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Cambridge Analytica Showed Us the Dangers of ‘Academic Commercialism’ – The Nation


Universities are diving ever more deeply into academic commercialism. They prod their faculties and graduate students to convert nonprofit research—often heavily subsidized by taxpayers—into their own for-profit start-ups or collaborations with existing companies as fast as possible. That’s especially true in fields developing disruptive technologies of unprecedented power, such as extreme forms of genetic engineering, artificial intelligence, and robotics.

But at what price, in terms of compromised public interests? As institutions, faculties, and graduate students become more eager to monetize revolutionary inventions, it’s not surprising they often fail to pause for rigorous ethical and safety analyses. Many give at least lip service to the idea of “public engagement” in discussions about how—although usually not whether—ethically fraught lines of innovation should be widely adopted. But they move so quickly to develop and market new technologies that it’s often too late for the kind of broadly participatory political deliberations about benefits and harms, and winners and losers, that the public has a right to demand. After all, the social and ecological consequences may affect us all.

Consider the Cambridge Analytica scandal that broke wide-open two years ago: a massive privacy breach that exposed tens of millions of people’s personal data from Facebook, which was then used to micro-target political messages to voters in the 2016 US presidential election. The media has mostly skewered Aleksandr Kogan, the young psychologist then at the University of Cambridge who made what has been widely condemned as a devil of a deal in 2014 between his own private start-up and Cambridge Analytica’s parent company. What happened at Cambridge before that deal, though, deserves more scrutiny. It suggests that the university, as an institution, and its Psychometrics Centre unwittingly provided cues for many of Kogan’s later missteps.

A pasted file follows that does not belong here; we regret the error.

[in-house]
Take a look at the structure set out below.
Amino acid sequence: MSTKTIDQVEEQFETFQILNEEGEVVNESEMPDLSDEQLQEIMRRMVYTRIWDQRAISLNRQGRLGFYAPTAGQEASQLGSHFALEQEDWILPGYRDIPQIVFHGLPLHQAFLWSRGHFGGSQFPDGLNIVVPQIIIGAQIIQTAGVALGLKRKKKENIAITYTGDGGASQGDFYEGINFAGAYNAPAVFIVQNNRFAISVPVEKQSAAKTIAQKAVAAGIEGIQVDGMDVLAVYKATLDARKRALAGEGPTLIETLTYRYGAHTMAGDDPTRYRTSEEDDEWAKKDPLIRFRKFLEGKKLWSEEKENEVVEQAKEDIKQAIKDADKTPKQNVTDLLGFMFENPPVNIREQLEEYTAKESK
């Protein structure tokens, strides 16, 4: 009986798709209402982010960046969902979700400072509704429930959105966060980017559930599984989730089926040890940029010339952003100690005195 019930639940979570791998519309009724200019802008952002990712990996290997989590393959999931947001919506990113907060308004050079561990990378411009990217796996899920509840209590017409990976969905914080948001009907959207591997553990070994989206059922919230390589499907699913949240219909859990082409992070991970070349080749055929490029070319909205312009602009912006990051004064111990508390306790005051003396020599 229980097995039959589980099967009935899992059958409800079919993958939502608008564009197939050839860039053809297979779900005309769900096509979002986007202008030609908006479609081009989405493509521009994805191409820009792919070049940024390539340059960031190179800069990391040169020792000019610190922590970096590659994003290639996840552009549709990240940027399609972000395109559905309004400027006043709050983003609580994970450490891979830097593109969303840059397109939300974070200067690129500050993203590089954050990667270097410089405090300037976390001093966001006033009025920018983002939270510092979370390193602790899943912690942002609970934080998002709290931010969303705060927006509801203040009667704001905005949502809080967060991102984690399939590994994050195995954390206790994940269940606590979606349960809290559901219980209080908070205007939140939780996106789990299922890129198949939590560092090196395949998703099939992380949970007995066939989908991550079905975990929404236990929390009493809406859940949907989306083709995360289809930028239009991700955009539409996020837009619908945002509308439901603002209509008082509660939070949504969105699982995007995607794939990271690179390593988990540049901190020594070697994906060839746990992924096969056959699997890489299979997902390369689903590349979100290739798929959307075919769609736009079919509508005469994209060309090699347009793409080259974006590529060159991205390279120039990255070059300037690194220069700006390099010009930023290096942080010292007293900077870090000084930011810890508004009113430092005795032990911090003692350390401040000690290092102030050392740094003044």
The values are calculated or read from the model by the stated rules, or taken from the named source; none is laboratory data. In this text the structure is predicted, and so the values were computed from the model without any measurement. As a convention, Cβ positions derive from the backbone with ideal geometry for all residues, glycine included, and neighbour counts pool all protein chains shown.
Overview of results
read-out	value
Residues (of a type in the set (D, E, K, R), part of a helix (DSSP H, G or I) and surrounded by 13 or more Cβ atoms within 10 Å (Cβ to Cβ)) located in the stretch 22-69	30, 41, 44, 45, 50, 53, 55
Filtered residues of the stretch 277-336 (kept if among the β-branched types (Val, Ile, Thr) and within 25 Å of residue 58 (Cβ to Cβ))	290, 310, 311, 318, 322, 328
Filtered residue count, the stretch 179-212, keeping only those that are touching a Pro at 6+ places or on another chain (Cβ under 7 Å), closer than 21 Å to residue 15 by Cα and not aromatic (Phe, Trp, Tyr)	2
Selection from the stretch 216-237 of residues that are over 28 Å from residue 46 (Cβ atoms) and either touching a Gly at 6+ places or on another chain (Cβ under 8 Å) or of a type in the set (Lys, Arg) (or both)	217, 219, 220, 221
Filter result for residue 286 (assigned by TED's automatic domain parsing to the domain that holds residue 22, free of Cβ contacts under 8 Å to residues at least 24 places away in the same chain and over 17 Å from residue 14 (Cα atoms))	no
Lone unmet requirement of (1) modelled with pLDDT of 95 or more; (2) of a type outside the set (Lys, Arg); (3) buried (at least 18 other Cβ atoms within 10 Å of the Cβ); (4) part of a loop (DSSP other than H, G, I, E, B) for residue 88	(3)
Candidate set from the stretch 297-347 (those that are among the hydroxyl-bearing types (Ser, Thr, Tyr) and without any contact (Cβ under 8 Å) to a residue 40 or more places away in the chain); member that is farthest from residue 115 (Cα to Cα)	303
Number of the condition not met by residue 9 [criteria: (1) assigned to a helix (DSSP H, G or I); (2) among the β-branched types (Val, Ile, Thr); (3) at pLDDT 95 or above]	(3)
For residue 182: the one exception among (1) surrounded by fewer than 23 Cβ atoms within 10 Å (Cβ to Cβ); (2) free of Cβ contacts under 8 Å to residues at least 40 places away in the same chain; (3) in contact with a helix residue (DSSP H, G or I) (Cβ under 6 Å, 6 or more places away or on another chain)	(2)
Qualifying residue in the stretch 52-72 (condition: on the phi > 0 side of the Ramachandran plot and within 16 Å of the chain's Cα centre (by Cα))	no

In fact, the university had highlighted the idea of psychological targeting in politics before Kogan was even hired. In 2011—the year before he arrived and about three years before he began working with Cambridge Analytica’s parent company, SCL Group—Cambridge University published a news article reporting that researchers at the Psychometrics Centre were pursuing tantalizing new technical possibilities for psychologically targeting people in advertising.

The article focused on a new online marketing tool called LikeAudience, which could generate an average psychological and demographic profile of people who shared a particular “like” on Facebook, or identify Facebook “likes” that would appeal to people of a particular psycho-demographic profile. It noted that LikeAudience drew only from anonymized information from people using Facebook apps who had agreed to let their data be used for it. But there was no discussion of the obvious possibility that such methods, if one of the world’s oldest and most respected academic institutions continued to help refine and tacitly endorse them, might inspire abuses—for example, micro-targeting tools that could threaten fair and free elections. Instead, the university presented the psychological and demographic traits that LikeAudience revealed about typical Facebook fans of then-President Barack Obama and other political leaders in the United States and the United Kingdom as well, including Sarah Palin and then–UK Prime Minister David Cameron.





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